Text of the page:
The sensibility and technical expertise that Apple brings to its product is simply unmatched in consumer technology.  And while I'd love for a rival to emerge, I don't think any major tech company actually wants to play the same game as Apple.  Although if one were to emerge, my money's on HP, I think Sam Lucente is doing amazing things.

Gas Pumps with Google Maps


These new gas pumps with access to Google maps are pretty much the coolest thing I've seen in a while. I wonder if you can use Google Maps without buying gas.

Image from Engadget.com

The Palm Centro Should Include a Daily Alarm Clock


My girlfriend's new Palm Centro smartphone doesn't include one of the basic features we've come to expect on a cell phone: a daily alarm clock.  I don't know how Palm missed this; by comparison the iPhone has a great alarm clock.  The Centro's "World Clock" application has an alarm, but it will only go off once; you have to manually turn it on before each time you want to use it.  To add insult to injury, Palm knew that this would cause confusion, so they included this handy tip:

Like a typical alarm clock, the World Clock application only allows you to set an alarm clock within the next twenty-four hours.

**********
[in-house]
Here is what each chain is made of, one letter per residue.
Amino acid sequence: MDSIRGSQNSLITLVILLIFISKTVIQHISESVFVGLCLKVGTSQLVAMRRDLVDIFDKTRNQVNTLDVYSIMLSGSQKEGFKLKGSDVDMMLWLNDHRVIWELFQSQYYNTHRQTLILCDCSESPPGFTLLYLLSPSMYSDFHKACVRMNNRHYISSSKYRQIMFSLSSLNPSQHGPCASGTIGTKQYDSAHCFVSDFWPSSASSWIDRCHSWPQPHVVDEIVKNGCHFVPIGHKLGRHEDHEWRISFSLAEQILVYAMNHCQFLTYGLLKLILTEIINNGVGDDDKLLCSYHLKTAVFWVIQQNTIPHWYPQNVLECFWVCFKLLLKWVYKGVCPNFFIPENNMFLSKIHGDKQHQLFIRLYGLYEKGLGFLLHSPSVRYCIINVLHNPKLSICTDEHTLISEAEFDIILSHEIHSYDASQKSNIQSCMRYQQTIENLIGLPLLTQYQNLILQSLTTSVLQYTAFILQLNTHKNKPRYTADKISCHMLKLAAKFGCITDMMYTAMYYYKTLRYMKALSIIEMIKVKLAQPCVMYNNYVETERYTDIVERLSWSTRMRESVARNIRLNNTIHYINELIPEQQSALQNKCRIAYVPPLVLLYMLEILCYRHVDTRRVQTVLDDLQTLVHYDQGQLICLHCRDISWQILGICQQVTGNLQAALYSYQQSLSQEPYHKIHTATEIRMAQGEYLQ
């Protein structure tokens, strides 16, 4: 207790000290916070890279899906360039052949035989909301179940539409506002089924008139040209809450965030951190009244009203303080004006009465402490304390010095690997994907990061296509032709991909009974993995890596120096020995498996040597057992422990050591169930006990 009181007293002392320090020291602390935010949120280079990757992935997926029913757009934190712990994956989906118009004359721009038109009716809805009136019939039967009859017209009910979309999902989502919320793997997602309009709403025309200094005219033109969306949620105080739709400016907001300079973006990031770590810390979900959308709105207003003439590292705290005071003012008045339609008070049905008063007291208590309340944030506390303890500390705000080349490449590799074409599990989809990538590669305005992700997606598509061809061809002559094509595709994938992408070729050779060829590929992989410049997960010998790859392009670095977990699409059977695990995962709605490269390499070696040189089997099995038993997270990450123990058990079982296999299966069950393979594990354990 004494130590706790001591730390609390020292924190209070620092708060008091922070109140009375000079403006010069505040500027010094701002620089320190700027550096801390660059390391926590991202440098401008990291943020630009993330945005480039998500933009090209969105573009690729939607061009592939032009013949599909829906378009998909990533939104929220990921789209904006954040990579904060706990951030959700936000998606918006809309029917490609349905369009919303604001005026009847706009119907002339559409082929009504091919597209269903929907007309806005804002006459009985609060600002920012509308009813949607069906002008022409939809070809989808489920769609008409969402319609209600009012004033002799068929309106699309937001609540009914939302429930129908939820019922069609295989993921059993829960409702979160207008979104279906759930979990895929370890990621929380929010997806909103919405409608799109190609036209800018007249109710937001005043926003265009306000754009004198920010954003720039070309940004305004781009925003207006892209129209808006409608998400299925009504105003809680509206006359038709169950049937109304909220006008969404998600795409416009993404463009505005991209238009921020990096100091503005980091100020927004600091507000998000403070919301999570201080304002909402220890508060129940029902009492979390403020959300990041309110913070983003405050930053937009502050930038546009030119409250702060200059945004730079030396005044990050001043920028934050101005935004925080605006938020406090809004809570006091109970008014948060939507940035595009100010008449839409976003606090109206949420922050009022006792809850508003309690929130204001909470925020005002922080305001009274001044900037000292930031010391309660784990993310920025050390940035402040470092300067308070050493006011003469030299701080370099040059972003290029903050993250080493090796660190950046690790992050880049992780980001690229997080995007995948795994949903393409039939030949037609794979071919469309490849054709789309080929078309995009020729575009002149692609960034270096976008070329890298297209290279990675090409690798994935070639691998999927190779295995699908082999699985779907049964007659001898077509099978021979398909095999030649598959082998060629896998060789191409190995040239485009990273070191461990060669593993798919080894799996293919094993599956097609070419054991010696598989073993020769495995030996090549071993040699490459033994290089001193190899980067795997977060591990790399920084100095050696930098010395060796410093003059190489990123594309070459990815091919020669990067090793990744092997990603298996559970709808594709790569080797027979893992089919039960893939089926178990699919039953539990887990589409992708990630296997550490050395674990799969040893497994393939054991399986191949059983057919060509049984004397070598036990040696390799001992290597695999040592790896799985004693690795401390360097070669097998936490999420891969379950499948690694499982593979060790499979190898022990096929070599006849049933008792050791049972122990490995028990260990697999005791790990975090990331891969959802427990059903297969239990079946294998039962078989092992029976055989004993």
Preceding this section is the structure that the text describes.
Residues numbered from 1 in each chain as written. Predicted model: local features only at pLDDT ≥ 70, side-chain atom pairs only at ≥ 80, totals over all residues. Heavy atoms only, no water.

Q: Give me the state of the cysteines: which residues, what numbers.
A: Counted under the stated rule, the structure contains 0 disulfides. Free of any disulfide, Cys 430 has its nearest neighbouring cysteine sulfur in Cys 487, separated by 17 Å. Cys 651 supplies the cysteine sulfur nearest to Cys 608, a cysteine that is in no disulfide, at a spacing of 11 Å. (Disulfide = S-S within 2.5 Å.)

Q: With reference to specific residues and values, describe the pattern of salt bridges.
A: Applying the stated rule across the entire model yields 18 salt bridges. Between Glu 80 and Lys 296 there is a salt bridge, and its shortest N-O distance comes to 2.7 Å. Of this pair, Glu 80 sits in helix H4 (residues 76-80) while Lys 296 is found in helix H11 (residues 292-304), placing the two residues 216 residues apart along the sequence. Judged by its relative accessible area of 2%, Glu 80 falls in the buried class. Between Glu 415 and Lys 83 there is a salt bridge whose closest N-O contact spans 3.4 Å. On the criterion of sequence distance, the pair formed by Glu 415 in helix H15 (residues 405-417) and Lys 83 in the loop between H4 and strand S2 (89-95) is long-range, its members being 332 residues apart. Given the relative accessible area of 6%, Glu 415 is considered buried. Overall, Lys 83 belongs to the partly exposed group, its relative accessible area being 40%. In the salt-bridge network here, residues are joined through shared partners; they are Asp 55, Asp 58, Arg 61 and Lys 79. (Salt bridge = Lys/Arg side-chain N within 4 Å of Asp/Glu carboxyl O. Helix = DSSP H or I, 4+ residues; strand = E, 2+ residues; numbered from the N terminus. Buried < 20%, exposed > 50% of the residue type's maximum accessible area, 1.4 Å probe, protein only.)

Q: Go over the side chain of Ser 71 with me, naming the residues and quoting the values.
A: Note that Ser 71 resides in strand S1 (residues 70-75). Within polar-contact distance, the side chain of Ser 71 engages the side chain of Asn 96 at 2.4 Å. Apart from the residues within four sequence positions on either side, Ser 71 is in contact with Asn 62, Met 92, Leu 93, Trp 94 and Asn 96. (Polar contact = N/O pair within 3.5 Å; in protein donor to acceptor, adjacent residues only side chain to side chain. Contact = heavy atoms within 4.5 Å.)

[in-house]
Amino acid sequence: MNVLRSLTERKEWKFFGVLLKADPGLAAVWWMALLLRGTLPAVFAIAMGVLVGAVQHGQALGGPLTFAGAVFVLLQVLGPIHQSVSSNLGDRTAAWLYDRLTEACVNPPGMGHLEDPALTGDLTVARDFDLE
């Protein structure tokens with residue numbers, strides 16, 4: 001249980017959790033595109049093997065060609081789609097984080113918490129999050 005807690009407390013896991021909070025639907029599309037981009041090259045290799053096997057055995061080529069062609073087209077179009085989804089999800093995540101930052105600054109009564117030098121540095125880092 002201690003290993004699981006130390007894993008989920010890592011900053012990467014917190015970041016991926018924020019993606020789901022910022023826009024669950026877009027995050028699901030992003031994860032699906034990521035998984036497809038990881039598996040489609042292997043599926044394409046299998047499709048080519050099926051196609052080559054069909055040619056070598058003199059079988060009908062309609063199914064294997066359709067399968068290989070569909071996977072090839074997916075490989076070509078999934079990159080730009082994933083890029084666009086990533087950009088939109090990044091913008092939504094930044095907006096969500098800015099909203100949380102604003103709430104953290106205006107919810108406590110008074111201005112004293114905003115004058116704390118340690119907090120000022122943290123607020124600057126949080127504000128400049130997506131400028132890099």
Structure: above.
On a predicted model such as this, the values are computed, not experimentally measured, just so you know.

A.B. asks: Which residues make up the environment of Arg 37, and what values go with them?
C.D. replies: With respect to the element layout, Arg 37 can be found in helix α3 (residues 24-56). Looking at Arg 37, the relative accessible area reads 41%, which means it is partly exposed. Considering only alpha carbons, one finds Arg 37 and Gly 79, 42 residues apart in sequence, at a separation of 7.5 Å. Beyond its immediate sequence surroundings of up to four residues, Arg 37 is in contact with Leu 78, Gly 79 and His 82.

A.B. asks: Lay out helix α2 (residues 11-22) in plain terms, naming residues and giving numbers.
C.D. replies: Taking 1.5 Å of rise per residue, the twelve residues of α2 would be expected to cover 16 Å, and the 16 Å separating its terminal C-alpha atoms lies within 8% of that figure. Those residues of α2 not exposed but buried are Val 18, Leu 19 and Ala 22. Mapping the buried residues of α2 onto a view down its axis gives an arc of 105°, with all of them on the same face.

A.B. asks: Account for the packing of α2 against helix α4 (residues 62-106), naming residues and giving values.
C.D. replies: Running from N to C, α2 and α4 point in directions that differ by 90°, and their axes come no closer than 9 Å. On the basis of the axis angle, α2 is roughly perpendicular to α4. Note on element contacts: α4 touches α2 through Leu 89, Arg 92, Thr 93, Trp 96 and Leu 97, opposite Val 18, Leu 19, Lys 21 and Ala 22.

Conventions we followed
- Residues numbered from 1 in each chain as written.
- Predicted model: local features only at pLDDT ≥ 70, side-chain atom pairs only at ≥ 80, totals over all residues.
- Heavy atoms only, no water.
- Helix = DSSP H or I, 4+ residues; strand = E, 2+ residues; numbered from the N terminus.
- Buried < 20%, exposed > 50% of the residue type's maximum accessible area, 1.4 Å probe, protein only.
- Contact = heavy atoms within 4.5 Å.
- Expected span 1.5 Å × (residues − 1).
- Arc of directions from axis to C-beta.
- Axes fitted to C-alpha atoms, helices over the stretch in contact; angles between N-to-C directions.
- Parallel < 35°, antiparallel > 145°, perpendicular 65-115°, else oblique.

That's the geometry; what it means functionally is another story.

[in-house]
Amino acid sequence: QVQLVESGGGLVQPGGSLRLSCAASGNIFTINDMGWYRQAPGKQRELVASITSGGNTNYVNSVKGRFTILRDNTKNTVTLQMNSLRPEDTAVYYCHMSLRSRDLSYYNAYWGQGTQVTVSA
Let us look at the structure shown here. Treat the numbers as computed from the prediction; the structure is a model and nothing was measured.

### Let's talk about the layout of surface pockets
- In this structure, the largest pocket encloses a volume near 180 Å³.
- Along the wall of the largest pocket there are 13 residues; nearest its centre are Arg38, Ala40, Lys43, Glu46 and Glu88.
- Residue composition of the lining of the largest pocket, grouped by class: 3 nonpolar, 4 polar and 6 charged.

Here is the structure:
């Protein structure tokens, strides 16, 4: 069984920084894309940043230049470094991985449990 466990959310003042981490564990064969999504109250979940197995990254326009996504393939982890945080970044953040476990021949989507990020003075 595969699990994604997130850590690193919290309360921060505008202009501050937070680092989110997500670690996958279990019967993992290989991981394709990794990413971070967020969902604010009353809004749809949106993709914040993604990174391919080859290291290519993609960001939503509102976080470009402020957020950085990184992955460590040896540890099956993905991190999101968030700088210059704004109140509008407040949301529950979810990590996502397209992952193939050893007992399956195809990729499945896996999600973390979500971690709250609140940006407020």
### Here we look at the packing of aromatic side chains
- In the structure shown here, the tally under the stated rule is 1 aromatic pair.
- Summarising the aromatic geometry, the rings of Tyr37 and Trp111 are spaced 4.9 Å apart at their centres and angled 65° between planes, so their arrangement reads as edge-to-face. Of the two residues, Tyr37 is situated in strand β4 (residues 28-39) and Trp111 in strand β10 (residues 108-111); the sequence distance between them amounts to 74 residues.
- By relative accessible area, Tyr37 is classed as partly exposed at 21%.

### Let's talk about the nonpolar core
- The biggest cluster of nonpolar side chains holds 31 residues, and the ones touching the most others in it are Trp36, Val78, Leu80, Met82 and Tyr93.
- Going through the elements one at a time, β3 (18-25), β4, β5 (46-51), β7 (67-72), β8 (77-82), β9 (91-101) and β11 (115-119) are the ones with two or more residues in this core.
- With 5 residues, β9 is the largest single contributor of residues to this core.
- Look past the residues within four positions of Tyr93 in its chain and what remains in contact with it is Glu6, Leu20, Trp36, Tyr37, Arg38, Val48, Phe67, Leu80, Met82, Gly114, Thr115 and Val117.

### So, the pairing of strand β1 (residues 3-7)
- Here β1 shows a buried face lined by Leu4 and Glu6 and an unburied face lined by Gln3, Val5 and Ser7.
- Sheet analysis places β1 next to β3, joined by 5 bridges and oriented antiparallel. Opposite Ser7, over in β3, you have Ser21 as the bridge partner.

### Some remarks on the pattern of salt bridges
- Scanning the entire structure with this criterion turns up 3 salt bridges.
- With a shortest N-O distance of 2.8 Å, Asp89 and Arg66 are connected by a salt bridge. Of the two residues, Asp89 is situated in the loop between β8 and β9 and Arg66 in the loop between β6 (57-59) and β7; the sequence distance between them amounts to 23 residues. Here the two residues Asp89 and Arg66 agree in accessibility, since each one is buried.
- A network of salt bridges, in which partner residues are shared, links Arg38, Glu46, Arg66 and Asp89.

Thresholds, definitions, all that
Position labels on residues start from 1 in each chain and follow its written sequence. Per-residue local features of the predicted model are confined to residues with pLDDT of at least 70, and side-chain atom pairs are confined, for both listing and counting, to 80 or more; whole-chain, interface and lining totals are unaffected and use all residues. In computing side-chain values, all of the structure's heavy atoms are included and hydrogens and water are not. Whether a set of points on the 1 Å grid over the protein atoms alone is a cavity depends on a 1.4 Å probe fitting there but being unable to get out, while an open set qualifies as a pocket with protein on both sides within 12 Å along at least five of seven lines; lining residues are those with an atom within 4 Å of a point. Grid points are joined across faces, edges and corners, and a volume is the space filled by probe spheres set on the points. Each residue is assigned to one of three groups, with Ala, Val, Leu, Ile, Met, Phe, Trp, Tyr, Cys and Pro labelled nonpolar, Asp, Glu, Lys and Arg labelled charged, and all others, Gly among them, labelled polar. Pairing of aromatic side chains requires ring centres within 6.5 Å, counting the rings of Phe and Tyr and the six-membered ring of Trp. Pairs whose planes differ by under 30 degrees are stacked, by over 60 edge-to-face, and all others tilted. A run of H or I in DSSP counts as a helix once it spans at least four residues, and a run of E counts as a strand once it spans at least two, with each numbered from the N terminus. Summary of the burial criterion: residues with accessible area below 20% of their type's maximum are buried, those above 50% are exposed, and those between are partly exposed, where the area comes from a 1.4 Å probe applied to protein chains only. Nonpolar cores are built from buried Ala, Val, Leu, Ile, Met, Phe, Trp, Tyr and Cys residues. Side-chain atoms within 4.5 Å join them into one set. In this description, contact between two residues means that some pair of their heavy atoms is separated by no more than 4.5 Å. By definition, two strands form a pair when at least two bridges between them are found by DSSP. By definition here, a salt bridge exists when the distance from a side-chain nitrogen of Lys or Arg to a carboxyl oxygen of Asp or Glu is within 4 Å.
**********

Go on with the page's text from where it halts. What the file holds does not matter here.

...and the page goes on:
Ok, seriously, what "typical alarm clock" does that?  And why should that behavior be replicated in an alarm clock software application?  Instead of actually resolving this problem, they tried to just explain it away.  Sure you can create a daily recurring event on your calendar, but that can get pretty cumbersome.  And while there are alarm clock applications out there, having to use a third-party app for something as basic as an alarm clock almost discredits the product.  I thought technology companies had finally figured out that what makes a product great is how well basic features are executed, and how functional the device is right out of the box.

The Palm Centro Comes Home


My girlfriend recently became the proud owner of an adorable red Palm Centro.  Needless to say, I'm pretty jealous.  The phone is super cute, amazingly responsive and user friendly.  I think it's the best consumer smart phone out there after the iPhone, and it's for Sprint!  Read on for a more observations and details...

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HP TouchSmart uses Cameras to detect touches